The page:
The Roles Of Advertising


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The Roles Of Advertising

  1. 1. <ul><li>THE ROLES OF </li></ul><ul><li>ADVERTISING </li></ul>
  2. 2. WHY ADVERTISE ? <ul><ul><ul><li>It pays to advertise. </li></ul></ul></ul><ul><ul><ul><li>Those who undervalue the role of advertising. </li></ul></ul></ul><ul><ul><ul><li>Perceive it as a cost to be justified by sales return in the </li></ul></ul></ul><ul><ul><ul><li>fiscal year. </li></ul></ul></ul><ul><ul><ul><li>The more enlightened users value advertising as a brand- </li></ul></ul></ul><ul><ul><ul><li>building investment – rather like capital expenditure on </li></ul></ul></ul><ul><ul><ul><li>plant and machinery – to provide a long – term return. </li></ul></ul></ul><ul><ul><ul><li>Investments have to be justified, and advertising is no </li></ul></ul></ul><ul><ul><ul><li>exception. </li></ul></ul></ul><ul><ul><ul><li>Accountability here is multi-dimensional. </li></ul></ul></ul><ul><li>… contd… </li></ul><ul><li>BRP 2 </li></ul>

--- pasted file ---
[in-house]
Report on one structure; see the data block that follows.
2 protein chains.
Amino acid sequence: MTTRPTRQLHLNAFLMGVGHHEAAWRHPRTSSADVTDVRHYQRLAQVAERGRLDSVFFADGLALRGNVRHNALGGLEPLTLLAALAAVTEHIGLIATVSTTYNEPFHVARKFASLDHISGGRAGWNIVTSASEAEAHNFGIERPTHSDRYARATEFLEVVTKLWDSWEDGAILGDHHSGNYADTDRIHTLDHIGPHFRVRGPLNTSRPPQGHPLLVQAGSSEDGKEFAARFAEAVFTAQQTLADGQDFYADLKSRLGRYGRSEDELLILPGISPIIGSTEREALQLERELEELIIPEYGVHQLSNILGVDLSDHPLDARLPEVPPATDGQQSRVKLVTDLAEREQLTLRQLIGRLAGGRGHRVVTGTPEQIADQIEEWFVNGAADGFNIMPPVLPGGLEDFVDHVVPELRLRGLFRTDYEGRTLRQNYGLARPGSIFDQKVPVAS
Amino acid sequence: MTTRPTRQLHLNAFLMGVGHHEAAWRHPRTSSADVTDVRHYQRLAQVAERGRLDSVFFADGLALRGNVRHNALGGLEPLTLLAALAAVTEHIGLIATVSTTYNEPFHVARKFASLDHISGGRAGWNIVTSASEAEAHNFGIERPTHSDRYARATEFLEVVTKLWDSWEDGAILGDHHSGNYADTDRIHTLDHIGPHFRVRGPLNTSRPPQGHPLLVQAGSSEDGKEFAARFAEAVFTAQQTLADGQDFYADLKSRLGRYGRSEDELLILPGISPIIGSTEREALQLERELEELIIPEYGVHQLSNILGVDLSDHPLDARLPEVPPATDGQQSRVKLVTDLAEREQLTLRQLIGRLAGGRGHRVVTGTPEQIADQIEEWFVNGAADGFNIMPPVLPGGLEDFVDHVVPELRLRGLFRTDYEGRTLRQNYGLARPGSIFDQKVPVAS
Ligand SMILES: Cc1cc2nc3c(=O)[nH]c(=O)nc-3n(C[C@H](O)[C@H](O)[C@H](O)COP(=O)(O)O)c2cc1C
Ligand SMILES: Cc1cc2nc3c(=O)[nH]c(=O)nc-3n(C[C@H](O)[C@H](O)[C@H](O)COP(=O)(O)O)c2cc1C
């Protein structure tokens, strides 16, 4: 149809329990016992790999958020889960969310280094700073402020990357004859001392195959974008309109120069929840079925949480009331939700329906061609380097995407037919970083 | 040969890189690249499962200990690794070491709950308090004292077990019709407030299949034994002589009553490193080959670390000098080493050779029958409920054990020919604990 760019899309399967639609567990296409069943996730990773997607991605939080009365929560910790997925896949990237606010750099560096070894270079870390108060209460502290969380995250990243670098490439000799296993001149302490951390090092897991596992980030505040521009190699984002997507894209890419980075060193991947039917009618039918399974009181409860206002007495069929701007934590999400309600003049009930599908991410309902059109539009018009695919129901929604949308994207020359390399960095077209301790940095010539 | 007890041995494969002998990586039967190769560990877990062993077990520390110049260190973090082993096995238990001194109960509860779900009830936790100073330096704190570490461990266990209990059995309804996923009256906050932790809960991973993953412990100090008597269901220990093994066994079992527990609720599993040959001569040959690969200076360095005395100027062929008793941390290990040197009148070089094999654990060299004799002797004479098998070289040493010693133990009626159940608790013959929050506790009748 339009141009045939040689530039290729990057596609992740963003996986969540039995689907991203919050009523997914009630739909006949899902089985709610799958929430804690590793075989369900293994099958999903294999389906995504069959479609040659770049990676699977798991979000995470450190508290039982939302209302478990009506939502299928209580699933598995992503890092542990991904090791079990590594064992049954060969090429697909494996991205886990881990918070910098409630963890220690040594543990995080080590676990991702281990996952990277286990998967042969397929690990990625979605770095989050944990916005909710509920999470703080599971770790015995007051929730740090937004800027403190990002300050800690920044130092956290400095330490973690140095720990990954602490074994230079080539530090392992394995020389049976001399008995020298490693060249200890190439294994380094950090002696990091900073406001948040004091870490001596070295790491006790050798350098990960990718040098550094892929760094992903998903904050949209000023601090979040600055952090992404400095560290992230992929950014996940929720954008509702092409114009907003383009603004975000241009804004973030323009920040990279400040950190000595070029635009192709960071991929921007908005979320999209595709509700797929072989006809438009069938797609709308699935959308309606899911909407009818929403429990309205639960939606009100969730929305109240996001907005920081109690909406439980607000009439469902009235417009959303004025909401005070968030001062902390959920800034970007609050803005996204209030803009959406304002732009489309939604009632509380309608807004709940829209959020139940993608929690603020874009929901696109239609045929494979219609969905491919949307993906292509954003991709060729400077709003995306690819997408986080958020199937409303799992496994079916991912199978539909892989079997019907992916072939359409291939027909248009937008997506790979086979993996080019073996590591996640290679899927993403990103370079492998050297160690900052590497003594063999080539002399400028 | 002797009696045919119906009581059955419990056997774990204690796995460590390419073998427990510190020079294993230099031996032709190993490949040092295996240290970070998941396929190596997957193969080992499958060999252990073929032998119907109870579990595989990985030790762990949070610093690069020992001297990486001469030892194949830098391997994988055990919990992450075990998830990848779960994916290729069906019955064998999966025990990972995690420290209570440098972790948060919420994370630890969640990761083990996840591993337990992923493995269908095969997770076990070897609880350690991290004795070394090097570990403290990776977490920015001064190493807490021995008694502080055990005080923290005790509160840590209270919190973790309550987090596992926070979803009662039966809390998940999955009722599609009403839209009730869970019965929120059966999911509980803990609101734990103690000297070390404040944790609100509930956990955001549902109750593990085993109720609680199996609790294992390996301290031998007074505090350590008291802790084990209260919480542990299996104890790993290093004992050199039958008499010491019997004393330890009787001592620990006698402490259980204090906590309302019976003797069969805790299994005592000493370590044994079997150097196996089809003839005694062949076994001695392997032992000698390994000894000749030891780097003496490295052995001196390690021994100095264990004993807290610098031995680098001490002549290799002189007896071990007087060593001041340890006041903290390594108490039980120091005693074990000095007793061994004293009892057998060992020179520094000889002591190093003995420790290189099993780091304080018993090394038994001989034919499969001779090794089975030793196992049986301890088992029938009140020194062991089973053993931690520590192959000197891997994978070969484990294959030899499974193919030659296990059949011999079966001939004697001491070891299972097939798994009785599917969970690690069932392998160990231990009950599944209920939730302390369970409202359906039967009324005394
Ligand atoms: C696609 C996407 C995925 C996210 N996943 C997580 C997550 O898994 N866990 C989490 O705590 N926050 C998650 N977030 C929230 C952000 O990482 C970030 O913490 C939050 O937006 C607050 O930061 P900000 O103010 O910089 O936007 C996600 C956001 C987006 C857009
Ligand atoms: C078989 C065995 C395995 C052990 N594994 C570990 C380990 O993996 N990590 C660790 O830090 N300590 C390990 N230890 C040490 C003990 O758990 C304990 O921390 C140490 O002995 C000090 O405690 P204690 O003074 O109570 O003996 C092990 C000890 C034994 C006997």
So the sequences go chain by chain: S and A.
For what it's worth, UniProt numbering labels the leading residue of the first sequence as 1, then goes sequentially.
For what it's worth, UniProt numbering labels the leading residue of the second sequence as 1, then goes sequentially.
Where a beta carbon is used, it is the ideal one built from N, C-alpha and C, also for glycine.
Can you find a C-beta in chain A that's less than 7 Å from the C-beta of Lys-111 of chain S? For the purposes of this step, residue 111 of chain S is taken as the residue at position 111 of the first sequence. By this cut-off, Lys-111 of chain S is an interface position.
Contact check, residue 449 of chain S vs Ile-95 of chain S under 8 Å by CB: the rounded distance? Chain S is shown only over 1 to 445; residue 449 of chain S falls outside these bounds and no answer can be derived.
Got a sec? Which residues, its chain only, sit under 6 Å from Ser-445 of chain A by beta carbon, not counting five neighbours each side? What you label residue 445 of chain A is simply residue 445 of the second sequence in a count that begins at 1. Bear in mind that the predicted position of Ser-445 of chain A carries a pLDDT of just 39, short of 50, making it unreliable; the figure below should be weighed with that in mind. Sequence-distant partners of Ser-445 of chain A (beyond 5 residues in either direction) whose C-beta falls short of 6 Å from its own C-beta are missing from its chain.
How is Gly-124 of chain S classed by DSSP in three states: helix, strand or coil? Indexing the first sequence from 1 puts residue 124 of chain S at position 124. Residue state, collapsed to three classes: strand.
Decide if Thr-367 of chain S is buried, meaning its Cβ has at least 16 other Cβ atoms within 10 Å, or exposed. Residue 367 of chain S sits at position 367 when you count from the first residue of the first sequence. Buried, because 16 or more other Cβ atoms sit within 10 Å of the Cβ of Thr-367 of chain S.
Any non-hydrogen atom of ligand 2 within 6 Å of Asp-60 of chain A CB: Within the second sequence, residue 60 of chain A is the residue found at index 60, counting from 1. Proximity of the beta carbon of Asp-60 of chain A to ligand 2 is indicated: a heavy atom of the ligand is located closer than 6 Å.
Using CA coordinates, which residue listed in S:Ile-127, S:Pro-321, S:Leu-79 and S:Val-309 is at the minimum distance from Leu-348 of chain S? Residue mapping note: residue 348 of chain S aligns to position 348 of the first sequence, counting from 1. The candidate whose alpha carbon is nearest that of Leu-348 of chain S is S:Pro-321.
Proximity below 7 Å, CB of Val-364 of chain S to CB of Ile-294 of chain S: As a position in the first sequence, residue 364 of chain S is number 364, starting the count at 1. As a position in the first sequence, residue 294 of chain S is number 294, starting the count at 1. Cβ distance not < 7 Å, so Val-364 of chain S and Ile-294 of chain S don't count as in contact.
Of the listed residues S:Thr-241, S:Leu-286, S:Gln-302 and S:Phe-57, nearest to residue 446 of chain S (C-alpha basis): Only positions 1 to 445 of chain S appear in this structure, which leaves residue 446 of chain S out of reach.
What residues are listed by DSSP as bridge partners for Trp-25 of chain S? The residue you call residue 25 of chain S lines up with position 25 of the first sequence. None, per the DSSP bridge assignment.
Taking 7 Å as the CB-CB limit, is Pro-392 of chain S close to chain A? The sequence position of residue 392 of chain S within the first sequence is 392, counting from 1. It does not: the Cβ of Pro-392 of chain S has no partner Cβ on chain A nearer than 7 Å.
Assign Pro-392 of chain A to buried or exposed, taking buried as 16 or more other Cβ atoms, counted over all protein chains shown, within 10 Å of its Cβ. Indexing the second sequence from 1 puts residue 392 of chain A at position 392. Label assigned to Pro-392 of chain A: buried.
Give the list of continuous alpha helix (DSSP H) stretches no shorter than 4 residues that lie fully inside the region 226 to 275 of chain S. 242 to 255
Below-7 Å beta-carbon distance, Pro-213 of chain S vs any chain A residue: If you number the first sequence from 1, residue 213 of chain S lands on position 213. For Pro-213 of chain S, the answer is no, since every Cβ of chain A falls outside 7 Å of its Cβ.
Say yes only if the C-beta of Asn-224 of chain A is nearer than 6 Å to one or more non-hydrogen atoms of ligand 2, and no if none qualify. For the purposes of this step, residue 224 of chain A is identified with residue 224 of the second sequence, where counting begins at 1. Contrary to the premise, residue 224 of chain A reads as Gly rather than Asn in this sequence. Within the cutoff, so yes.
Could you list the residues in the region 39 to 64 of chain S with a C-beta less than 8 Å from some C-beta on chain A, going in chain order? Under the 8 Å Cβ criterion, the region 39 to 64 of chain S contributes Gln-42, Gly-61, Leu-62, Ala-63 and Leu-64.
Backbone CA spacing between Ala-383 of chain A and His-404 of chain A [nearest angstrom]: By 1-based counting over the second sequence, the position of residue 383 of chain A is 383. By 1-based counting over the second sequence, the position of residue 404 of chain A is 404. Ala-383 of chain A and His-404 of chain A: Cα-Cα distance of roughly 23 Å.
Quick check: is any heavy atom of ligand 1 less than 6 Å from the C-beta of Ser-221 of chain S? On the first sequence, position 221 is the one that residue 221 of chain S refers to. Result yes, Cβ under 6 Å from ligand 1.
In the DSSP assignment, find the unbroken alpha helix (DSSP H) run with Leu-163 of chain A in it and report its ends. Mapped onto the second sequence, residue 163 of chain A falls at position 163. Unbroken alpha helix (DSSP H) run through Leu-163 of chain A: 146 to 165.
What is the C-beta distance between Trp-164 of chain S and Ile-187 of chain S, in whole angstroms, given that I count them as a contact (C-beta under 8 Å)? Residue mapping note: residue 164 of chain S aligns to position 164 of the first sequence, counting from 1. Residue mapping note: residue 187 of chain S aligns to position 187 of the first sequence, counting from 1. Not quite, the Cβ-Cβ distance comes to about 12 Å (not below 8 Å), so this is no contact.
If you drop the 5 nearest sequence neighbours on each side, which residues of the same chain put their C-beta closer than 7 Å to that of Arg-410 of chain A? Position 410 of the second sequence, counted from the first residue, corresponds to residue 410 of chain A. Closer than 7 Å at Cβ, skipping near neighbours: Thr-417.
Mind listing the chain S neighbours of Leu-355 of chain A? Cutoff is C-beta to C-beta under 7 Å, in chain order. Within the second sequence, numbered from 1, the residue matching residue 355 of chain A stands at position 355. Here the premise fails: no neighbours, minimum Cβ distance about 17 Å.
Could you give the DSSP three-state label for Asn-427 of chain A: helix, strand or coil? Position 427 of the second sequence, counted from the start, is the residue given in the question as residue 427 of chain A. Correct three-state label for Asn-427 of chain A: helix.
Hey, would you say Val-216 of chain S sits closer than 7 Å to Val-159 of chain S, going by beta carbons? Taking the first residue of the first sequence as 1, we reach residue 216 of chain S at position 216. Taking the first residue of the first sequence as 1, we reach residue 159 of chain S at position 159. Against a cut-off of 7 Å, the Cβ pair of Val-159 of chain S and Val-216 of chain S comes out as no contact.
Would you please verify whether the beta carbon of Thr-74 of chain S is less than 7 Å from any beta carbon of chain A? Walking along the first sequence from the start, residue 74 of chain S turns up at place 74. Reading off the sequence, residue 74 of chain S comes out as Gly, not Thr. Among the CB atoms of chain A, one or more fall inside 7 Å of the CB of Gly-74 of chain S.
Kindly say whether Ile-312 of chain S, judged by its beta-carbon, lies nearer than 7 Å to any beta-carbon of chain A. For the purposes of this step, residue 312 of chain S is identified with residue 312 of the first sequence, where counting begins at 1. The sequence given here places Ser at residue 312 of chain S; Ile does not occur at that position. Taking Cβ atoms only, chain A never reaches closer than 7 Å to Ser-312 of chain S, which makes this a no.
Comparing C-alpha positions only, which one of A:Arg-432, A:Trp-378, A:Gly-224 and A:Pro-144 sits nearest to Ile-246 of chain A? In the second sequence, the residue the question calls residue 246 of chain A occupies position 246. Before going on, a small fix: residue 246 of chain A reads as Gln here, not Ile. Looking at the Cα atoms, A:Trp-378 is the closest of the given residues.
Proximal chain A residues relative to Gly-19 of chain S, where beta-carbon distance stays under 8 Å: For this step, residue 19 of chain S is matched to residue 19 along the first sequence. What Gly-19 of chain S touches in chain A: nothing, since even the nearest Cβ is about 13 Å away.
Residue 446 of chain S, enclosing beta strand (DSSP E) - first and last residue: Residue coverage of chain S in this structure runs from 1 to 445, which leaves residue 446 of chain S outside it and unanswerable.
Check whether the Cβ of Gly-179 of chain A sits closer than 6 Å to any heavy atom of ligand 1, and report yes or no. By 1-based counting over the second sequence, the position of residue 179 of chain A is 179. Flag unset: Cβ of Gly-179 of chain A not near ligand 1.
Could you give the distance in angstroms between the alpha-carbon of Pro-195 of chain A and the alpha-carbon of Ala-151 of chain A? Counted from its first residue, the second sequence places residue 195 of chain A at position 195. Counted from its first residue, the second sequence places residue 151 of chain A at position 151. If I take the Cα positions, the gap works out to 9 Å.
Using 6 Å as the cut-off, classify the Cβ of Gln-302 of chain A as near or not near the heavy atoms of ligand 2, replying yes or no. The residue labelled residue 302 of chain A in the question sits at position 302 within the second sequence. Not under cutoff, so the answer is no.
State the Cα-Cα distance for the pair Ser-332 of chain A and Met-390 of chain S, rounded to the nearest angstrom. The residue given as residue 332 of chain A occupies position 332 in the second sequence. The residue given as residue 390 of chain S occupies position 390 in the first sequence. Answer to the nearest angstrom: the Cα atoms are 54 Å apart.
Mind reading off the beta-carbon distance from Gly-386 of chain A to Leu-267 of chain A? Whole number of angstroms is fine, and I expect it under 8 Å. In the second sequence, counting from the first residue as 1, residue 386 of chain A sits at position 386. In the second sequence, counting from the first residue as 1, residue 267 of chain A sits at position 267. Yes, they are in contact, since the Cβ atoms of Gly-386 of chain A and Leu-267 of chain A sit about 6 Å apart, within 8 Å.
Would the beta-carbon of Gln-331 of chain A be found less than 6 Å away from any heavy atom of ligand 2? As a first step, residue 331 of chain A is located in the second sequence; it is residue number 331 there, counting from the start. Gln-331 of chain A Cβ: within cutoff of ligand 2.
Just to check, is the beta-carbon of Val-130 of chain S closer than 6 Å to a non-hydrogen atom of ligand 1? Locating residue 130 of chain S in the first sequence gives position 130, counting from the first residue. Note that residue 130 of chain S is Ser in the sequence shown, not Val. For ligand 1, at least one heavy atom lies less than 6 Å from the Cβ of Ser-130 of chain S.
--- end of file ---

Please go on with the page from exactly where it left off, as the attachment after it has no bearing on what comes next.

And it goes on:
3. 3. WHY ADVERTISE ? <ul><li>In most advertising strategies there will be a section on campaign objectives. Inevitably it will include some of these tasks :- </li></ul><ul><ul><li>Make an impact. </li></ul></ul><ul><ul><li>Create awareness. </li></ul></ul><ul><ul><li>Communicate messages. </li></ul></ul><ul><ul><li>Evoke an immediate response (sell off the page or get more information). </li></ul></ul><ul><ul><li>Create favourable impressions. </li></ul></ul><ul><ul><li>Remind consumers. </li></ul></ul><ul><ul><li>Fulfill needs. </li></ul></ul><ul><ul><li>Change perceptions (mental repositioning or overcome prejudice. </li></ul></ul><ul><ul><li>Reinforce attitudes. </li></ul></ul><ul><ul><li>Consolidate a position. </li></ul></ul><ul><ul><li>Enthuse the staff and the trade. </li></ul></ul><ul><ul><li>Encourage trial. </li></ul></ul><ul><li>… contd… </li></ul><ul><ul><ul><li>BRP 3 </li></ul></ul></ul>